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Impressions of America

2006-09-08 08:28

    Oscar Wilde was one of the most renowned British writers of the 19th century. He was the author of a number of essay fictions including The Little Prince, The Nightingale and the Rose, and The Selfish Giant.

    San Francisco is a really beautiful city. China Town, peopled by Chinese labourers, is the most artistic town I have ever come across. The people —— strange, melancholy Orientals, whom many people would call common, and they are certainly very poor — have determined that they will have nothing about them that is not beautiful. In the Chinese restaurant, where these navvies (劳工) meet to have supper in the evening, I found them drinking tea out of china cups as delicate as the petals of a rose-leaf, whereas at the gaudy(俗丽的) hotels I was supplied with a delf cup an inch and a half thick. When the Chinese bill was presented it was made out on rice paper, the account being done in Indian ink as fantastically as if an artist had been etching little birds on a fan.

    Salt Lake City contains only two buildings of note, the chief being the Tabernacle, which is in the shape of a soup-kettle. It is decorated by the only native artist, and he has treated religious subjects in the naive spirit of the early Florentine painters, representing people of our own day in the dress of the period side by side with people of Biblical history who are clothed in some romantic costume.

    The building next in importance is called the Amelia Palace, in honour of one of Brigham Young‘s wives. When he died the present president of the Mormons stood up in the Tabernacle and said that it had been revealed to him that he was to have the Amelia Palace, and that on this subject there were to be no more revelations of any kind.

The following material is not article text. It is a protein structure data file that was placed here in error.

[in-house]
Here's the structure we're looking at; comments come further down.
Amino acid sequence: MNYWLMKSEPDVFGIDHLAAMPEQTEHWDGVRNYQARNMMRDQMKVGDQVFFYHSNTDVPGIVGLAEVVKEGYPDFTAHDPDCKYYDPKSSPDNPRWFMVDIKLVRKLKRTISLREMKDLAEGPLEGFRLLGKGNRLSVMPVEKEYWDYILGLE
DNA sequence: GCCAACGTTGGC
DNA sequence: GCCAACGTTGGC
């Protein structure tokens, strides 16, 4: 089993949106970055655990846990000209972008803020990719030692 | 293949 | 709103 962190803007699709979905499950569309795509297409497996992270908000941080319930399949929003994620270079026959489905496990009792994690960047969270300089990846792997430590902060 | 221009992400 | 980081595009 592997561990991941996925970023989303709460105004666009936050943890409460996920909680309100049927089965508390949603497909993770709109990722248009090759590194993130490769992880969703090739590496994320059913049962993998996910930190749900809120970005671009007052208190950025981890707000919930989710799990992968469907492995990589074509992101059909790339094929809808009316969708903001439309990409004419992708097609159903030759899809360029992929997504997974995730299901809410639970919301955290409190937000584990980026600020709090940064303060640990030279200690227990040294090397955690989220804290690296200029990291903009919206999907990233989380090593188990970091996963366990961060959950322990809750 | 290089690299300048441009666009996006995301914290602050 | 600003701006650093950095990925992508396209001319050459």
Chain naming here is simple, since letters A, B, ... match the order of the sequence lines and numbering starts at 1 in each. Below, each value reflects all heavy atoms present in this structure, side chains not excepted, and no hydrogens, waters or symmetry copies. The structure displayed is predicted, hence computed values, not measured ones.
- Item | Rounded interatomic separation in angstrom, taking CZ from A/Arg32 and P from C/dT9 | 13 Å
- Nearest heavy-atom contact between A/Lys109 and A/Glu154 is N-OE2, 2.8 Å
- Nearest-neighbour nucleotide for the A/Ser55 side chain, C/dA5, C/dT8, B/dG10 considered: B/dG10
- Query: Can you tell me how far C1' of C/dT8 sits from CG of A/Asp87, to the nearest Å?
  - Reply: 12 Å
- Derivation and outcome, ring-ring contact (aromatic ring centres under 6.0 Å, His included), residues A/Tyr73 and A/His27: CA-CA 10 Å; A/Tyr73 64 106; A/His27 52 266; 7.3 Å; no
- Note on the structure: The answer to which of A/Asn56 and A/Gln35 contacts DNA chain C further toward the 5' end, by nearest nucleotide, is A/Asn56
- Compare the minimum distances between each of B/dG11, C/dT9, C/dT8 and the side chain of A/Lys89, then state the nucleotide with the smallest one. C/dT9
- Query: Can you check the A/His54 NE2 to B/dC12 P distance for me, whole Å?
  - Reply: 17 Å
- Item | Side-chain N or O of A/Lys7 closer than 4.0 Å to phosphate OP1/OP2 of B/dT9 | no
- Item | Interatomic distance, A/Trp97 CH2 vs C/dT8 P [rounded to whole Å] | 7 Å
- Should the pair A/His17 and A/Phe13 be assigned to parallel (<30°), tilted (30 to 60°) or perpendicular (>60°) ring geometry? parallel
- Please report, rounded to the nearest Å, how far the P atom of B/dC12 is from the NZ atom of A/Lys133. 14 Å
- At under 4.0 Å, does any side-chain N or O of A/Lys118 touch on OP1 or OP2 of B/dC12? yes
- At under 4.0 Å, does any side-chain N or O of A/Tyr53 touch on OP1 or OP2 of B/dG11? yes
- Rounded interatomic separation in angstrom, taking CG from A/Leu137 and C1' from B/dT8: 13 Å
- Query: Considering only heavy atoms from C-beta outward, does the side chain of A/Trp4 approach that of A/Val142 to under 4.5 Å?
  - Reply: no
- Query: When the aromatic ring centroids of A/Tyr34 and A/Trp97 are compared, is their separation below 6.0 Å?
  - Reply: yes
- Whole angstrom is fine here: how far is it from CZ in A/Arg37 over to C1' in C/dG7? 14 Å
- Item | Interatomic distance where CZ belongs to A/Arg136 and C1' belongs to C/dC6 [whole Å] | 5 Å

From Salt Lake City one travels over the great plains of Colorado and up the Rocky Mountains, on the top of which is Leadville, the richest city in the world. It had also got the reputation of being the roughest, and every man carries a revolver. I was told that if I went there they would be sure to shoot me or my traveling manager. I wrote and told them that nothing that they could do to my traveling manager would intimidate me. They are miners — men working in metals, so I lectured to them on the Ethics of Art. I read them passages from the autobiography of Benvenuto Cellini and they seemed much delighted. I was reproved by my hearers for not having brought him with me. I explained that he had been dead for some little time which elicited the enquiry “Who shot him”? They afterwards took me to a dancing saloon where I saw the only rational method of art criticism I have ever come across. Over the piano was printed a notice:

    PLEASE DO NOT SHOOT THE PIANIST.

    HE IS DOING HIS BEST.

    The mortality among pianists in that place is marvelous. Then they asked me to supper, and having accepted, I had to descend a mine in a rickety bucket in which it was impossible to be graceful. Having got into the heart of the mountain I had supper, the first course being whisky, the second whisky and the third whisky.